Mil-Spec – “The Days Don’t End”

What a song, and what a band. You can play spot-the-influence with Toronto’s Mil-Spec all day, but they put so much passion and inventiveness into everything they do. “The Days Don’t End,” the lead single from an album that still hasn’t been announced, is shot through with a deep and painful sense of longing, but its bittersweet depth doesn’t stop it from sounding like bombs exploding overhead. It’s an anthem for clotheslining your friends while ruminating on all the time you’ve lost, all the miles you’ve left on the road behind you. Cool video, too. [From as-yet-untitled LP, out later this year on Lockin’ Out.]

Rat Cage – “Change From A Fiver”

“This country, to me, is finished. There’s no way it can get any better. It’s just gonna get worse.” I don’t know what thick-accented English person appears, via sample, at the beginning of “Change From A Fiver,” but I’m not going to argue with him. It’s not like it’s that much better over here, but the vibes over in the UK seem to be extremely fucked. Fortunately, a band like Sheffield’s Rat Cage thrive in a fucked-vibes environment, and this piece of barreling, cranked-up D-beat is the type of thing that I want to hear from places where society is utterly failing. Before long, I could see all music sounding something like “Change From A Fiver.” I’m not really looking forward to that development, but it has its silver linings. [From Savage Visions, out 6/9 on La Vida Es Un Mus Discos.]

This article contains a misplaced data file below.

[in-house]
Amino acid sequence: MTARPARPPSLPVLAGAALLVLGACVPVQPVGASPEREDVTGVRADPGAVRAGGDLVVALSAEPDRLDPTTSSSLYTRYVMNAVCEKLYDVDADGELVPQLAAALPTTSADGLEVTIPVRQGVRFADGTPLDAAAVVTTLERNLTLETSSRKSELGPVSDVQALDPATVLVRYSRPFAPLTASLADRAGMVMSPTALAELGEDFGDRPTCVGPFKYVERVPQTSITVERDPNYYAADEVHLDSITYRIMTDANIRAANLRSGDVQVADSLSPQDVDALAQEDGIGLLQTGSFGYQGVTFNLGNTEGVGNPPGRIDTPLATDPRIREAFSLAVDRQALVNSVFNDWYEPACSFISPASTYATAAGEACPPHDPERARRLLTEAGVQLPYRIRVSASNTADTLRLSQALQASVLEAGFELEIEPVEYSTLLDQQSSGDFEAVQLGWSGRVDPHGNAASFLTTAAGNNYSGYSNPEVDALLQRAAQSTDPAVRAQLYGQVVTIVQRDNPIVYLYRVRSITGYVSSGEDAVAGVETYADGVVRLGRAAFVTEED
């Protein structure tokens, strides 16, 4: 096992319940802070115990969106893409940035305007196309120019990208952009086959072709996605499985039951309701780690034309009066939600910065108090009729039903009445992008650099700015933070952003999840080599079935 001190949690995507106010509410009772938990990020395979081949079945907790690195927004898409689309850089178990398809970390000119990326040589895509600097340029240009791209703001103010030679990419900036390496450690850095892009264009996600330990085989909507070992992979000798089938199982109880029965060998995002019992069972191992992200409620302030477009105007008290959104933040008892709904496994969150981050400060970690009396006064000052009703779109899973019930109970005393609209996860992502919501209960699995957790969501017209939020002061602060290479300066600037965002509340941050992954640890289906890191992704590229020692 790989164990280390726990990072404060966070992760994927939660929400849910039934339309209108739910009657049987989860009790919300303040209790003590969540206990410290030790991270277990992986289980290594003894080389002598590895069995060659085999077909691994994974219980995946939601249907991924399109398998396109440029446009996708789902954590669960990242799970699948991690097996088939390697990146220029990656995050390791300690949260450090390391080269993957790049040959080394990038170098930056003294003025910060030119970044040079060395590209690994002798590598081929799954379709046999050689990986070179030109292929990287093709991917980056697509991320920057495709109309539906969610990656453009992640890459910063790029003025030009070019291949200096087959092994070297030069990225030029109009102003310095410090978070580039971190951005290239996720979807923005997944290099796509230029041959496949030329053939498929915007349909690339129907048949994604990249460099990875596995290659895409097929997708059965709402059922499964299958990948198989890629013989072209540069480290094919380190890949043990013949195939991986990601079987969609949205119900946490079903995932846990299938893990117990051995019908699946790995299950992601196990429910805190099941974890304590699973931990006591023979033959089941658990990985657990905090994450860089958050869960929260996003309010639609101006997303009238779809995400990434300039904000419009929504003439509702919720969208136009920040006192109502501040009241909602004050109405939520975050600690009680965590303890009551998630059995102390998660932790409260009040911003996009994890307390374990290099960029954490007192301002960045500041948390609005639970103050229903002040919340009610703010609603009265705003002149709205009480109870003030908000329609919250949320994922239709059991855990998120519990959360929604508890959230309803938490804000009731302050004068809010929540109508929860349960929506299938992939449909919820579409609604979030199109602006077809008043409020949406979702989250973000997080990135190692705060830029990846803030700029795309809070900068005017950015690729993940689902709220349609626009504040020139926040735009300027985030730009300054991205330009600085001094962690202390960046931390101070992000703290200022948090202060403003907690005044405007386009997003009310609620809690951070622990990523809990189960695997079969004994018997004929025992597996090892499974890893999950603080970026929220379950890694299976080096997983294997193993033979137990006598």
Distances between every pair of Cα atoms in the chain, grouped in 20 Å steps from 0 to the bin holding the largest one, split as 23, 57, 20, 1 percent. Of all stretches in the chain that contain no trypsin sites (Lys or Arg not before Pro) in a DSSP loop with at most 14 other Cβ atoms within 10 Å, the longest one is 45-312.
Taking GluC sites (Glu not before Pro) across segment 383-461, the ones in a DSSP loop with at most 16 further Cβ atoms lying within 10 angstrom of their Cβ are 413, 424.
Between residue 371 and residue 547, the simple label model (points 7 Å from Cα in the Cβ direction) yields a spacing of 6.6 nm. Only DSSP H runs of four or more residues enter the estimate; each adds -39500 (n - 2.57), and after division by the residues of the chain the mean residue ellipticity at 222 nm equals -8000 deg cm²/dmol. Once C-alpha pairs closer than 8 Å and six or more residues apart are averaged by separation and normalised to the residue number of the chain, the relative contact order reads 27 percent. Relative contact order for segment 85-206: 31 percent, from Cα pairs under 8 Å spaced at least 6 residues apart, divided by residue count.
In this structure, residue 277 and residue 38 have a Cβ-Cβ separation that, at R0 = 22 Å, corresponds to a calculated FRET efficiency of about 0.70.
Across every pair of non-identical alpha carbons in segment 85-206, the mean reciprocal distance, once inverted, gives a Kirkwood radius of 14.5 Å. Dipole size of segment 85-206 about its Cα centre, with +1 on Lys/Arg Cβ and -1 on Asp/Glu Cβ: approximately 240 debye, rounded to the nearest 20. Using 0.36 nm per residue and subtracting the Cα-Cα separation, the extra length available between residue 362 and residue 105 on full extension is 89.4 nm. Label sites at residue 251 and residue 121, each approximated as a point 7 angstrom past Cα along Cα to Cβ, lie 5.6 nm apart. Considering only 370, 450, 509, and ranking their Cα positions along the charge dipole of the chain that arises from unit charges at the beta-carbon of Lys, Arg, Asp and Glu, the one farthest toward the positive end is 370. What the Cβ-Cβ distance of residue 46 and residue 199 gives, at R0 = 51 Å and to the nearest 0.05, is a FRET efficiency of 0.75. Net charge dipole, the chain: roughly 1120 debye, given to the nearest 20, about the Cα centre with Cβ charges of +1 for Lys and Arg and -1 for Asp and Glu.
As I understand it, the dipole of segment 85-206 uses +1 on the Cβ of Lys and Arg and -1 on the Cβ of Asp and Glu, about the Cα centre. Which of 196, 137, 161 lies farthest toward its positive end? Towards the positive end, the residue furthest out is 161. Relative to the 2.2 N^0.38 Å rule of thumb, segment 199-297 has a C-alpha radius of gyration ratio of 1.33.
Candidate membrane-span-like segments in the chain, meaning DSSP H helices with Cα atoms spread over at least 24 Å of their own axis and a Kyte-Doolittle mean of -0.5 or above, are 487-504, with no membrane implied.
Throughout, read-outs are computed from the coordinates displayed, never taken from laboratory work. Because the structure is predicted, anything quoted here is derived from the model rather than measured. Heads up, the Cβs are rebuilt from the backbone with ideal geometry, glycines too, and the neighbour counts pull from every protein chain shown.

Record Setter – “Outdated Wallpaper”